In brief

  • Thodex abruptly closed down this month, leaving customers locked out of their accounts.
  • Whitestream believes the exchange has been siphoning off users' Bitcoin for months.

Between August 2020 and February 2021, roughly 5,000 Bitcoin worth an estimated $125 million at the time of trading (and over $280 million in today’s value), left wallets owned by now-shuttered Turkish exchange Thodex and landed in US exchange Kraken, according to Israel-based blockchain tracking firm Whitestream.

Whitestream, which has contracts with the Israeli Defense Ministry, said it appears to be a “Thodex cash out operation.” In other words, Thodex execs may have been stealing Bitcoin from their customers, before laundering it and sending it to Kraken for retrieval.


Thodex abruptly shut down operations this month with what a lawyer involved in the case estimated to be at least $2 billion in customer funds inside. Turkey Interior Minister Süleyman Soylu later downgraded the estimate to about $108 million. As Whitestream CEO and co-founder Itsik Levy pointed out to Decrypt, that’s not far off from the $125 million estimate his firm has produced, based on an average price of $25,000 from August to February. 

According to Levy, a cluster of Bitcoin wallet addresses controlled by the same group—in this case, Thodex—sent BTC through an intermediate cluster of wallets, which then sent those to their final destination, with the overwhelmingly majority landing at Kraken.

“The bottom line is that Kraken received [a] huge amount of Thodex customers’ Bitcoin,” Levy told Decrypt.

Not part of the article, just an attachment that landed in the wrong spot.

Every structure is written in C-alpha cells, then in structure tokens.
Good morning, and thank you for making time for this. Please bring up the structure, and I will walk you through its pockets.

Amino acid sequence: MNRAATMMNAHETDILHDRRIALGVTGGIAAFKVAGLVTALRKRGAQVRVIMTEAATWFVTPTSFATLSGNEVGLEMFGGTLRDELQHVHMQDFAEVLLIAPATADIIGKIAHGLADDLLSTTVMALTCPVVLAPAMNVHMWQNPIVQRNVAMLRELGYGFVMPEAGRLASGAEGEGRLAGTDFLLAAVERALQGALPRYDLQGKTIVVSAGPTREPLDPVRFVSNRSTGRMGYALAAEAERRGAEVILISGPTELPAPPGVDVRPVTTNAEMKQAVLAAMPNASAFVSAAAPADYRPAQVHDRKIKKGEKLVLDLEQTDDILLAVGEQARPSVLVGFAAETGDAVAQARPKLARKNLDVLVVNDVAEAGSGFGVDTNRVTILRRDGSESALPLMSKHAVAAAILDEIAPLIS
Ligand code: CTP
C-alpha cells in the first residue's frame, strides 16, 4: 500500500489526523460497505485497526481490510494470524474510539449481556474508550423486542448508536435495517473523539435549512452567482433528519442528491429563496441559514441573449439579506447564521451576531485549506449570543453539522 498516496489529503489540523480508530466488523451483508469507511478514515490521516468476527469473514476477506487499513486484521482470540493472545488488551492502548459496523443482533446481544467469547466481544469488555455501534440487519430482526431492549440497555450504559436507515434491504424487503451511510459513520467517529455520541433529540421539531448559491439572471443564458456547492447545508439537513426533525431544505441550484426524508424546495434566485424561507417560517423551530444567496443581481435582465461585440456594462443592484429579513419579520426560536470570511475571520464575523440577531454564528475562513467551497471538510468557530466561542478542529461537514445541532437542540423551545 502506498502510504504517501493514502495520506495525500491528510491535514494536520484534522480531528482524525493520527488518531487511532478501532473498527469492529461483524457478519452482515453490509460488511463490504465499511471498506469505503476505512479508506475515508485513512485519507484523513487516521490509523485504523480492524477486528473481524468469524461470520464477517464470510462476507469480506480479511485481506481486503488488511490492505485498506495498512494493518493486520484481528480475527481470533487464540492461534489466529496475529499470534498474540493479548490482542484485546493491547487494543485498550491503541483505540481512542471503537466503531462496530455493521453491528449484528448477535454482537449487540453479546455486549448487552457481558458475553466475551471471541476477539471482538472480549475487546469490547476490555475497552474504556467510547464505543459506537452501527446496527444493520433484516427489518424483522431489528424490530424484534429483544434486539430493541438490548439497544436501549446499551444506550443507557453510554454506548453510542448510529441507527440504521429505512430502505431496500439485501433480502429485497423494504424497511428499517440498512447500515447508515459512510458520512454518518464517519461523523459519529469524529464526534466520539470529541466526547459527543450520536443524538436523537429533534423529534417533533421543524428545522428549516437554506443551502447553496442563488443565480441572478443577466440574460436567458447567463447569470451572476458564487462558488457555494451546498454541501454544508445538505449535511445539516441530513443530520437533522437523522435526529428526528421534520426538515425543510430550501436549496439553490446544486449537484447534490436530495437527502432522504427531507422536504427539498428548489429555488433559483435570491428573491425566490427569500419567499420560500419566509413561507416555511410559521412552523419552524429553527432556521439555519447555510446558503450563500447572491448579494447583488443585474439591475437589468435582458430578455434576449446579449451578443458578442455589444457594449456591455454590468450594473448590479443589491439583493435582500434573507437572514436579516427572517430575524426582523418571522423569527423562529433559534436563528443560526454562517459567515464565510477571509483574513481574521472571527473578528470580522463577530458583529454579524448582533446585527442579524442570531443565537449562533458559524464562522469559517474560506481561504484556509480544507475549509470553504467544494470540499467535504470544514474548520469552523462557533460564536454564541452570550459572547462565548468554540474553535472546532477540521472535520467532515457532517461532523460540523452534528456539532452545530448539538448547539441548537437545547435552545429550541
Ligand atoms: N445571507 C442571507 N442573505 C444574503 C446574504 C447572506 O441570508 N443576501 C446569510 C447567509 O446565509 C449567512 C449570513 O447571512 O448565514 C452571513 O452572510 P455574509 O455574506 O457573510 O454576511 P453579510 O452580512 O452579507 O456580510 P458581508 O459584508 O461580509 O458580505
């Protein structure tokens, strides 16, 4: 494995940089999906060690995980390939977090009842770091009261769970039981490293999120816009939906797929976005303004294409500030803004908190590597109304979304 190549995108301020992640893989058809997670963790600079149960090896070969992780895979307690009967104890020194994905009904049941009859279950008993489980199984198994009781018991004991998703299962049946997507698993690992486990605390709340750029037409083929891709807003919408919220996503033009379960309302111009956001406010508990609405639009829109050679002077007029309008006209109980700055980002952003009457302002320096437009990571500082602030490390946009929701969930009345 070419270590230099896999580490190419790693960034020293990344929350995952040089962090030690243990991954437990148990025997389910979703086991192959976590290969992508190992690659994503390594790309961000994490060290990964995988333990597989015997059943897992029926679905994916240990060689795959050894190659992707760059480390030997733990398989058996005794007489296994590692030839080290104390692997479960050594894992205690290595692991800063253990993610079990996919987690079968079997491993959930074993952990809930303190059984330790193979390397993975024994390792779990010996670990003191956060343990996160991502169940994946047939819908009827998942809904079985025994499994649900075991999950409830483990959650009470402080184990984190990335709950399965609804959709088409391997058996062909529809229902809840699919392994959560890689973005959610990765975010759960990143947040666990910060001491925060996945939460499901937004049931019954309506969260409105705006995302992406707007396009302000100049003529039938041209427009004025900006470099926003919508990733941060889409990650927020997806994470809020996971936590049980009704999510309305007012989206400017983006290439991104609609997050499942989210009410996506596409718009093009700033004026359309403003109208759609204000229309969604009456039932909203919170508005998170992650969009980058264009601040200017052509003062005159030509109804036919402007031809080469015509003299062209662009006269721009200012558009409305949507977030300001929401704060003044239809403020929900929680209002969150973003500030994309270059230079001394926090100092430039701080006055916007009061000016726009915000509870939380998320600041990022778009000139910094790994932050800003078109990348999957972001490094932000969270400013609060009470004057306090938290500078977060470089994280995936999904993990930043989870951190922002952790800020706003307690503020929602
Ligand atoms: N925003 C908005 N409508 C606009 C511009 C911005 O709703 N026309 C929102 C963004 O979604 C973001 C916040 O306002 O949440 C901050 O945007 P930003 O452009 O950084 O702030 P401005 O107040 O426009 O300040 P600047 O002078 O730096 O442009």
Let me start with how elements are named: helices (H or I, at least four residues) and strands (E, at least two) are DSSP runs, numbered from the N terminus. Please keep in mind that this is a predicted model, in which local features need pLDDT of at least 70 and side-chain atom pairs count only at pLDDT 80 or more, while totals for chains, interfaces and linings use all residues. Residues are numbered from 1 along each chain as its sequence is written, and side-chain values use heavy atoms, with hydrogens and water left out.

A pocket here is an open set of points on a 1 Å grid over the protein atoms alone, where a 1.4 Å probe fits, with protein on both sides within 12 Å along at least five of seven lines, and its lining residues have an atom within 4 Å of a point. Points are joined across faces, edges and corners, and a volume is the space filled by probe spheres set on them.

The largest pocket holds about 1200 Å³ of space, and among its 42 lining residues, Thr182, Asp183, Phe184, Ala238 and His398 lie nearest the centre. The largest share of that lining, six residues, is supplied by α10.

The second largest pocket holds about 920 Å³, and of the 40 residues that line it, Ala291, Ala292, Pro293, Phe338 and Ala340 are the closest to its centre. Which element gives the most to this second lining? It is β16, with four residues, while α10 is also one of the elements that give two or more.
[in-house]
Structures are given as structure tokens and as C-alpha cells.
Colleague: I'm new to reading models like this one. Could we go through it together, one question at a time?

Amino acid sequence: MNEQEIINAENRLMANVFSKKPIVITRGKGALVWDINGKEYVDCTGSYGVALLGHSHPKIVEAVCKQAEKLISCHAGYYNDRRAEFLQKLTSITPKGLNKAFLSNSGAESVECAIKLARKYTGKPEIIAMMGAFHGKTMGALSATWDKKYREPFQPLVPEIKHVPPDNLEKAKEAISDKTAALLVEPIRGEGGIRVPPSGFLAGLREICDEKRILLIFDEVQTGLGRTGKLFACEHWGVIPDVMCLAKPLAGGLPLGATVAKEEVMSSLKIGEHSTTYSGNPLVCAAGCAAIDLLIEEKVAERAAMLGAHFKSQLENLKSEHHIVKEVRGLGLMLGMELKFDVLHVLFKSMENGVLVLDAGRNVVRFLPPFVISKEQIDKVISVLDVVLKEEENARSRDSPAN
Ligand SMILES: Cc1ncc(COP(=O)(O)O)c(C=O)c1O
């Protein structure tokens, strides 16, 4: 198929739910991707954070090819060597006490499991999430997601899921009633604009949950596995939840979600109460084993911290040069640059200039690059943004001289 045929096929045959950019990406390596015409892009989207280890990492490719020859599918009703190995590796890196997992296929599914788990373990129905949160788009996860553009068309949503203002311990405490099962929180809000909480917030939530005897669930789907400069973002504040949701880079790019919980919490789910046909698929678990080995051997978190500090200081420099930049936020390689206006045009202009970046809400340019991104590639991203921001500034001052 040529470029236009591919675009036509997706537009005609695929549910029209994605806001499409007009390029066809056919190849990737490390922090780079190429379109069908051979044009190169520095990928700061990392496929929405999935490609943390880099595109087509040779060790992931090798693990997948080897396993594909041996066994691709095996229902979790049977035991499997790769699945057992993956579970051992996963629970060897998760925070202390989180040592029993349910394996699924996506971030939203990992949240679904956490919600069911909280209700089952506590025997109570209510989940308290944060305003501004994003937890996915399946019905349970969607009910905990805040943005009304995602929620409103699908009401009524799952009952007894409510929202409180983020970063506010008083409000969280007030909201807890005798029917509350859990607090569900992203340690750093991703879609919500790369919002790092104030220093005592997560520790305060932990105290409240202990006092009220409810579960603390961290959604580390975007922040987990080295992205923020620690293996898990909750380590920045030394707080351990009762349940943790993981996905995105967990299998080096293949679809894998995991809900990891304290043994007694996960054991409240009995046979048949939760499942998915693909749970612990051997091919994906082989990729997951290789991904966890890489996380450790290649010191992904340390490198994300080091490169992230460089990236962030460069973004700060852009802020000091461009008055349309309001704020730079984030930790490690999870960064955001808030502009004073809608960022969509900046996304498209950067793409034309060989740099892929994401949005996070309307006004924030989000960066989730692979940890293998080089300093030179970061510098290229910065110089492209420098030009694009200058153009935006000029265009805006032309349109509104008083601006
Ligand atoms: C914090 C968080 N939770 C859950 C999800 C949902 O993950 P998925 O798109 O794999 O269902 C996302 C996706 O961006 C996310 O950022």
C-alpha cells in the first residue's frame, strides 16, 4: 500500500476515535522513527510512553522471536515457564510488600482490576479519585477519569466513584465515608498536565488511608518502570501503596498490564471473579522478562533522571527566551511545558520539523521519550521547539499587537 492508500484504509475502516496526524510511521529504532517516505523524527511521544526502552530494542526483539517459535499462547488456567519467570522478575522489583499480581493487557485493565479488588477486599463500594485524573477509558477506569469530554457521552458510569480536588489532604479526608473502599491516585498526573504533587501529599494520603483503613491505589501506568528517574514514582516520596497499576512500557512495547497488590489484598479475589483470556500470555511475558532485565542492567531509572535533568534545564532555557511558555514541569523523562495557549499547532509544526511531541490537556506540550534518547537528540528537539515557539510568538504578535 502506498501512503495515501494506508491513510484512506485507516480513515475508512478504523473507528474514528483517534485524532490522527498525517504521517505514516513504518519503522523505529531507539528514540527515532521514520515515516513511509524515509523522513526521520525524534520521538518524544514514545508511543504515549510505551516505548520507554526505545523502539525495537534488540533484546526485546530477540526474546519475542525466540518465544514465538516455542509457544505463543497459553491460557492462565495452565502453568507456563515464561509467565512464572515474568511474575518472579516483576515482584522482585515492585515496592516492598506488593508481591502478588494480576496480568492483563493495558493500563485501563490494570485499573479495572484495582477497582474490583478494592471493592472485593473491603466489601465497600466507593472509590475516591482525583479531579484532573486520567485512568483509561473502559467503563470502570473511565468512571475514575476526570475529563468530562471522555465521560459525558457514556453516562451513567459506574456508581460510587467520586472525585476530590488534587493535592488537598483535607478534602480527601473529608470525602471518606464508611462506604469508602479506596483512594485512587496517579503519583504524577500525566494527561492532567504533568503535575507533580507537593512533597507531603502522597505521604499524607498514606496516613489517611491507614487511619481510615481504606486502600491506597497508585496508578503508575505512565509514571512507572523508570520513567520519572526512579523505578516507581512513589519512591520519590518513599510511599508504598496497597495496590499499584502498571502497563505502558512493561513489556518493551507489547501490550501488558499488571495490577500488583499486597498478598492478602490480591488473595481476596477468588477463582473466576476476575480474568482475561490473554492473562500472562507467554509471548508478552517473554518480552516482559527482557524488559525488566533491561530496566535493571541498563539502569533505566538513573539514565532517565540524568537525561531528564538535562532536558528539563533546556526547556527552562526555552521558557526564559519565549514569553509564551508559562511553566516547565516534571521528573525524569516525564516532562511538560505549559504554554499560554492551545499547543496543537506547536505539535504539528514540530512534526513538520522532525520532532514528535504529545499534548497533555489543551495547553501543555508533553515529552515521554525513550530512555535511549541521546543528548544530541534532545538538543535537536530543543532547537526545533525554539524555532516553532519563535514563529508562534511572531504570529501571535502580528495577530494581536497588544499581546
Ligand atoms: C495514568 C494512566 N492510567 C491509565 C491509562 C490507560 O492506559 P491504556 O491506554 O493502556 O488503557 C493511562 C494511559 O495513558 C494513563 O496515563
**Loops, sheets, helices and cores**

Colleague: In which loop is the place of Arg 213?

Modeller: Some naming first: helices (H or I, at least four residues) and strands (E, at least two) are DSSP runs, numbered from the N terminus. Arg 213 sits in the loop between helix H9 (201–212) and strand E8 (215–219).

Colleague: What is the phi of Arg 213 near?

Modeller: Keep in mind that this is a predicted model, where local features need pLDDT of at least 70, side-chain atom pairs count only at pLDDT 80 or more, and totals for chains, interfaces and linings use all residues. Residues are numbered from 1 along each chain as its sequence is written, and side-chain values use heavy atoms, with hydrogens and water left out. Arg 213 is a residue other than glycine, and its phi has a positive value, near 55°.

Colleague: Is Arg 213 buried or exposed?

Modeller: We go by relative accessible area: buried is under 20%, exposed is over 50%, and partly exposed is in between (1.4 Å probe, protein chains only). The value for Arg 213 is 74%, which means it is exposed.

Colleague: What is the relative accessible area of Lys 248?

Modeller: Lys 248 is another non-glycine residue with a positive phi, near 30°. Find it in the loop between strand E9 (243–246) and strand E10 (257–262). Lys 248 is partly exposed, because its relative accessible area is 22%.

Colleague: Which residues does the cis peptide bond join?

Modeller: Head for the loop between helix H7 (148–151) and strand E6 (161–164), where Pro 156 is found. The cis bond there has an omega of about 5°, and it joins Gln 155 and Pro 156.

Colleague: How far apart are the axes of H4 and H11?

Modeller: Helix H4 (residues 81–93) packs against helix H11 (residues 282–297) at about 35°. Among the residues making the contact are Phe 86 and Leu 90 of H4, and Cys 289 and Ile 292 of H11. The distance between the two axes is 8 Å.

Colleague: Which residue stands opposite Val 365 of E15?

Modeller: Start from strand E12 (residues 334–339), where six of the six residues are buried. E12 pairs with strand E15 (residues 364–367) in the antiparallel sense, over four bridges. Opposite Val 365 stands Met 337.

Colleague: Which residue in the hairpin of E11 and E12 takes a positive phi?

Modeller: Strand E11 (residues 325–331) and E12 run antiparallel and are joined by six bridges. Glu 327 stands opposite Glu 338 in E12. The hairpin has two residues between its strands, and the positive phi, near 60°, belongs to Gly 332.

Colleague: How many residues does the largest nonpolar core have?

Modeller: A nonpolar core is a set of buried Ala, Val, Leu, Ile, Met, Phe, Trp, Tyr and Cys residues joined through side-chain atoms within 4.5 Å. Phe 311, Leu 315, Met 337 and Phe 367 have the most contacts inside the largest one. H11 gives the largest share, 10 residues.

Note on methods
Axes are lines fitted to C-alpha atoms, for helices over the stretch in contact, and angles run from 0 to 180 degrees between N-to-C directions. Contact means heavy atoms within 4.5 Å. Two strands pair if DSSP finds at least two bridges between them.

When asked if there could be an honest explanation for this, Levy said, “Only if Thodex operated their entire financial activity through Kraken...but it is very weird.”

A spokesperson for Kraken told Decrypt: "Kraken sympathizes with the Thodex customers hurt in this fraud. Fraud and security issues like this tarnish the whole industry. We take theft allegations very seriously. Kraken uses layers of identity verification and fraud prevention safeguards. The information provided by Whitestream isn’t sufficient to act on and we hope they contact us to provide more information privately."


Turkey last week detained over 60 people in connection with Thodex’s apparent exit scam, while also seizing computers and freezing the company’s bank accounts. 

On Thursday, it jailed another six people in connection to suspected fraud at Thodex, including family members of CEO Faruk Fatih Ozer, who fled to Albania immediately before the exchange announced it had closed down. Turkey has reportedly asked for Ozer’s arrest. Ozer claims that the exchange’s troubles are linked to cyberattack rather than fraud. 

This article has been updated to include comments from Kraken.

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